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North East sees growing distress despite government support measures

Gillian Sayburn, partner at Begbies Traynor’s Newcastle upon Tyne office

Businesses across almost all sectors in the North East saw a marked increase in early signs of distress in the second quarter of 2020, despite the wide ranging support schemes implemented by the government to help combat the economic impact of the COVID-19 outbreak. With the courts closed during lockdown, the increase could be much higher given the lack of legal action on insolvent and distressed businesses.

According to the latest research from leading independent insolvency firm Begbies Traynor, 8% of businesses in the region were showing signs of ‘significant’ distress (those with minor CCJs of less than £5k filed against them or which have been identified by Red Flag’s proprietary credit risk scoring system) in the second quarter of the year compared with the same period in 2019. The firm’s quarterly Red Flag Alert data, which monitors the financial health of UK companies, shows that similar levels of this type of early distress was experienced across the country with year on year ‘significant’ distress rising by 9%.

While the government swiftly introduced a number of measures such as CBILS and the Job Retention Scheme aimed at providing short term support during the crisis, a number of sectors, particularly those which had been struggling prior to the pandemic, have seen their fortunes worsen. Real estate and property has been among the hardest hit with a 21% increase in the number of firms in the North East seeing ‘significant’ distress in the last three months compared with the same time last year. Other sectors in the region which have suffered are food and beverages (14% increase in ‘significant’ distress year on year); bars and restaurants (12% rise); hotels and support services (both up by 11%).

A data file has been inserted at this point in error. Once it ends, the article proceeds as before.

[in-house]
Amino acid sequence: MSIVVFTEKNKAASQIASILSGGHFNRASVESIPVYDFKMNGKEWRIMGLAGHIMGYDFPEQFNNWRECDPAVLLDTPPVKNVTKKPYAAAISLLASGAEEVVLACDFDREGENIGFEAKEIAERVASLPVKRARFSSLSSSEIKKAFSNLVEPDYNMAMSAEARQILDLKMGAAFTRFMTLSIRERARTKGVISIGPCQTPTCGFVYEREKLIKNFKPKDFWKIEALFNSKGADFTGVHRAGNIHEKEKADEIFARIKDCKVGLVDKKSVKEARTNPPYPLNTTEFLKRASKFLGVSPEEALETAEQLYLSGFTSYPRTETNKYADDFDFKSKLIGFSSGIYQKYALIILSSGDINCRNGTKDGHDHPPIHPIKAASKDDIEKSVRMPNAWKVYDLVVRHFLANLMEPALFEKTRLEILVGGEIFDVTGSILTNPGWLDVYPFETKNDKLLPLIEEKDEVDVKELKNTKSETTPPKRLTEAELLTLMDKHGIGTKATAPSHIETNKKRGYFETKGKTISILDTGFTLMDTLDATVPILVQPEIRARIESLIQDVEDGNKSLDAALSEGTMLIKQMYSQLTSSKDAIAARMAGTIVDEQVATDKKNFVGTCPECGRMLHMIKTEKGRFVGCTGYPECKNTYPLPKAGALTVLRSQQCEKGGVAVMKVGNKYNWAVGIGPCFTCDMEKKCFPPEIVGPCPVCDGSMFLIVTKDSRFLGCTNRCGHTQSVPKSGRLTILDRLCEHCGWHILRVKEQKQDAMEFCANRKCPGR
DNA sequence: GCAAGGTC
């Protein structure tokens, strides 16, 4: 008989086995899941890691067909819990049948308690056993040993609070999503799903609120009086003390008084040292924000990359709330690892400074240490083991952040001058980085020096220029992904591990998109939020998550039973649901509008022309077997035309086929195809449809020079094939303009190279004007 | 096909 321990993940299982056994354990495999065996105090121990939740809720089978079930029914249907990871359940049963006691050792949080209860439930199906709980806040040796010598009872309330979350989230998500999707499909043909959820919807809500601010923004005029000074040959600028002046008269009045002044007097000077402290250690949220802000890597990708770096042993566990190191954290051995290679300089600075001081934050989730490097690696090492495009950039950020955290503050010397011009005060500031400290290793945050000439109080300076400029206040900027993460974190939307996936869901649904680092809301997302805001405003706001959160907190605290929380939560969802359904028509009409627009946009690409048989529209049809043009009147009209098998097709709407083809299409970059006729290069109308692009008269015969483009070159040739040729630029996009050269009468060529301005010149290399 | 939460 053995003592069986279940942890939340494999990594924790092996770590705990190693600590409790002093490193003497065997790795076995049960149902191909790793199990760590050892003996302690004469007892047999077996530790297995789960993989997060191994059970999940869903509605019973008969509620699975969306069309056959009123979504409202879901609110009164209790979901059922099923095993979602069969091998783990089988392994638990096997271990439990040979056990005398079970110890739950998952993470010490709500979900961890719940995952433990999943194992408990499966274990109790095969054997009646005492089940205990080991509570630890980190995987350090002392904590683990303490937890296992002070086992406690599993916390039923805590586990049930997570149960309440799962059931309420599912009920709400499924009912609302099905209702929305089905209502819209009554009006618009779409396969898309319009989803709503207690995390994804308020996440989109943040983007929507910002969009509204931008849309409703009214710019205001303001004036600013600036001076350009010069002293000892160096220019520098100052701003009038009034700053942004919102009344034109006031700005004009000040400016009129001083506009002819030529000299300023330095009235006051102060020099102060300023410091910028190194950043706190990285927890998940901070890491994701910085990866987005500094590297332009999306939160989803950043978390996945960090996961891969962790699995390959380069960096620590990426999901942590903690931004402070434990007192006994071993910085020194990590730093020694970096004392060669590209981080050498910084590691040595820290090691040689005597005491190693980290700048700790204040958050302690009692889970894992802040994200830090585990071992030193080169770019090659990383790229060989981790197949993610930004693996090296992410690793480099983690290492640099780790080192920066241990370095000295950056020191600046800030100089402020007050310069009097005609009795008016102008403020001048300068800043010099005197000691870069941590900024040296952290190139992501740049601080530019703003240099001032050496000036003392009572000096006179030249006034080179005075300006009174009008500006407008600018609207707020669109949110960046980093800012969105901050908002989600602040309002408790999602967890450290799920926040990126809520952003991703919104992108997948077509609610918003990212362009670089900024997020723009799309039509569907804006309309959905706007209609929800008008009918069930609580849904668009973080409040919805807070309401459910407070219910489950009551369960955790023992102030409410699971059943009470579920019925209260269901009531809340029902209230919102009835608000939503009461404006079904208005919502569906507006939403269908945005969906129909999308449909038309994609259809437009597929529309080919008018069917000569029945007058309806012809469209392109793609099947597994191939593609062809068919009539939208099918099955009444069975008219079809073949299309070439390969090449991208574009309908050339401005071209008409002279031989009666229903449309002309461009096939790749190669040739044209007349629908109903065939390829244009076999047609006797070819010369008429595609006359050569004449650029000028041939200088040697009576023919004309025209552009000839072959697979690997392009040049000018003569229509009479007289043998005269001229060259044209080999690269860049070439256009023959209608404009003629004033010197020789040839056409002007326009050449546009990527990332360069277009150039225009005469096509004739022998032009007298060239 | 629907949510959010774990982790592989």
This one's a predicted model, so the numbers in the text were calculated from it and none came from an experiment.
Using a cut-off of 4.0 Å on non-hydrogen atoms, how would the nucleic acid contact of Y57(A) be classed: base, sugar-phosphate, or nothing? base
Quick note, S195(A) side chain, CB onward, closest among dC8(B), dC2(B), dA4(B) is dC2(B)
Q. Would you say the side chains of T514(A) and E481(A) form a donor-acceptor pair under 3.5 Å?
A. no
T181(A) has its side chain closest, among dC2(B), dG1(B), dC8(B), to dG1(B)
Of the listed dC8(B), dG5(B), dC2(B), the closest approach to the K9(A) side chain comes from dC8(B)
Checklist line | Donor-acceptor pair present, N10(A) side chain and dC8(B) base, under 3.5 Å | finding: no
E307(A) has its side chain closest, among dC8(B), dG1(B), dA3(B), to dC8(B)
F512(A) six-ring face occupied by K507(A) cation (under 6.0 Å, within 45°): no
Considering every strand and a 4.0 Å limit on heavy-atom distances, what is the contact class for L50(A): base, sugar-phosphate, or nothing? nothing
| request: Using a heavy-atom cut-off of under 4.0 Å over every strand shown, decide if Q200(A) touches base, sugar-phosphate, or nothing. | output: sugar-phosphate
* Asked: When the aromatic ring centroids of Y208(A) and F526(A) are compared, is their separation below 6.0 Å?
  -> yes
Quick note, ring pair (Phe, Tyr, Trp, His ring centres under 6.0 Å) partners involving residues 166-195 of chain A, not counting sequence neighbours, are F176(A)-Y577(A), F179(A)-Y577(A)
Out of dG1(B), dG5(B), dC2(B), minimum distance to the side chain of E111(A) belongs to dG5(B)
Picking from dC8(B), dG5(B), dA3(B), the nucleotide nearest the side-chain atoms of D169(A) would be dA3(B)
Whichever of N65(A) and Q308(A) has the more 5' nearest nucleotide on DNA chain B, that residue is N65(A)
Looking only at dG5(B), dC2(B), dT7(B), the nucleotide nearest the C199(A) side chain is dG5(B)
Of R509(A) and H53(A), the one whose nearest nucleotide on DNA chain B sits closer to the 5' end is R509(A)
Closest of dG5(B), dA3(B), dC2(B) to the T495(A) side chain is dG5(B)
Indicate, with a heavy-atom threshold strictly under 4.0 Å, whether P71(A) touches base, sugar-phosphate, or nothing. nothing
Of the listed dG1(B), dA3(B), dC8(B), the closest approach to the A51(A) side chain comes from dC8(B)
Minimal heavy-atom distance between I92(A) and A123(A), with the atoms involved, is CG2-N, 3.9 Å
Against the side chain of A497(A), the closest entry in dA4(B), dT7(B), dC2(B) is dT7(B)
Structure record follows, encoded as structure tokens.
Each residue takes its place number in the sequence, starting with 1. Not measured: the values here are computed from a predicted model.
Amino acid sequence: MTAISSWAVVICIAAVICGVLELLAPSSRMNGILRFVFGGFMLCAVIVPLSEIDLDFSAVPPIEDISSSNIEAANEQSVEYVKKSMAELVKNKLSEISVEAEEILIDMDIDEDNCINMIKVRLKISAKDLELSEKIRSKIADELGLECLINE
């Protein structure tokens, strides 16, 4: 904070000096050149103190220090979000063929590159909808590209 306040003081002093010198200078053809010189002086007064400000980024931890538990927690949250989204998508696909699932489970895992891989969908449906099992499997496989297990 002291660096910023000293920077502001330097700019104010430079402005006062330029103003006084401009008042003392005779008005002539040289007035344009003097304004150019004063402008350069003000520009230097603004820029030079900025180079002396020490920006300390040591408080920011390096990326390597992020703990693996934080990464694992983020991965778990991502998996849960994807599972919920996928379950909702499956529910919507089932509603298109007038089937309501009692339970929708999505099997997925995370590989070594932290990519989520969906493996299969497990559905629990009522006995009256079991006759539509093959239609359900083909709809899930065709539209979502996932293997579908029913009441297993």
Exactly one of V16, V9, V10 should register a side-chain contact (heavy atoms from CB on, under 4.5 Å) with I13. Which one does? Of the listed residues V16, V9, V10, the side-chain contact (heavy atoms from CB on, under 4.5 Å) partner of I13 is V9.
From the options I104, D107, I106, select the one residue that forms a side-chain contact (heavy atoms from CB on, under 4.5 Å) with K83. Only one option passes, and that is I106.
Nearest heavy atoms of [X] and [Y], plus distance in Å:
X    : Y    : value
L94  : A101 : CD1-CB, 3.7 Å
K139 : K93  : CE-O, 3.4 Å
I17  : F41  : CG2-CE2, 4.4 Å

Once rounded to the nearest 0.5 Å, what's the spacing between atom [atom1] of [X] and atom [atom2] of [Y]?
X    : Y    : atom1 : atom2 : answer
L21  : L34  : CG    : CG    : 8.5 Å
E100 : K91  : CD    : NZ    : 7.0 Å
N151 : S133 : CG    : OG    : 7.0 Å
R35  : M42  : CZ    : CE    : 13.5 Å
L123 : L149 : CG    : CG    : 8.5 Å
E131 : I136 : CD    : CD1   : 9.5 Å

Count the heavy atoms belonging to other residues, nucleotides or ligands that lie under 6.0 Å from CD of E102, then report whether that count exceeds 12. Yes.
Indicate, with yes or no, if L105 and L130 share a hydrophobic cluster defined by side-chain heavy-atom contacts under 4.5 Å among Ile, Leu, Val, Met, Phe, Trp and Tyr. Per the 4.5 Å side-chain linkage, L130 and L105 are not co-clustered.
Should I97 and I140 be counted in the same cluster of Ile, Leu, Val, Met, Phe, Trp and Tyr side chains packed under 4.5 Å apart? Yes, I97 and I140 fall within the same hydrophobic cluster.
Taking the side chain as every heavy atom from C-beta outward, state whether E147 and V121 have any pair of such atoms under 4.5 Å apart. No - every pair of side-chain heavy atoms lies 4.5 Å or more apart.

By the second quarter of 2020, the North East had a total of 10,444 ‘significantly’ distressed businesses, up by 4% on Q1 2020 and slightly higher than the UK-wide figure which showed a 3% rise, representing 527,000 businesses across the country. This type of distress is often viewed as a warning of more serious financial problems to follow.

Gillian Sayburn, partner at Begbies Traynor’s Newcastle upon Tyne office, said: “Unfortunately, what we’re currently seeing is very much the tip of the iceberg. In fact, the increase could actually be much higher as the closing of the courts during the pandemic is holding back a flood of businesses from falling deeper into financial distress. What’s more, with government initiatives currently propping up a large number of companies, we are expecting to see a marked increase in business failures in the third quarter of the year.

“While businesses in the North East and across the UK have found themselves facing an unprecedented situation and, in many cases, were simply unable to trade during lockdown, there’s no doubt that the preceding years of increased financial squeeze have had an impact on their resilience. For many, particularly in struggling sectors such as real estate, retail and hospitality, the COVID outbreak is likely to prove to be the final straw.”

She continues: “As government initiatives wind down and businesses cautiously attempt to re-open, those that have the capital and the ability, must restructure on the assumption that the world we now live in is here to stay. If they are to survive, they cannot afford to operate on hope that a return to normality is just around the corner. Businesses need to be prepared for things to get worse before they get better.”

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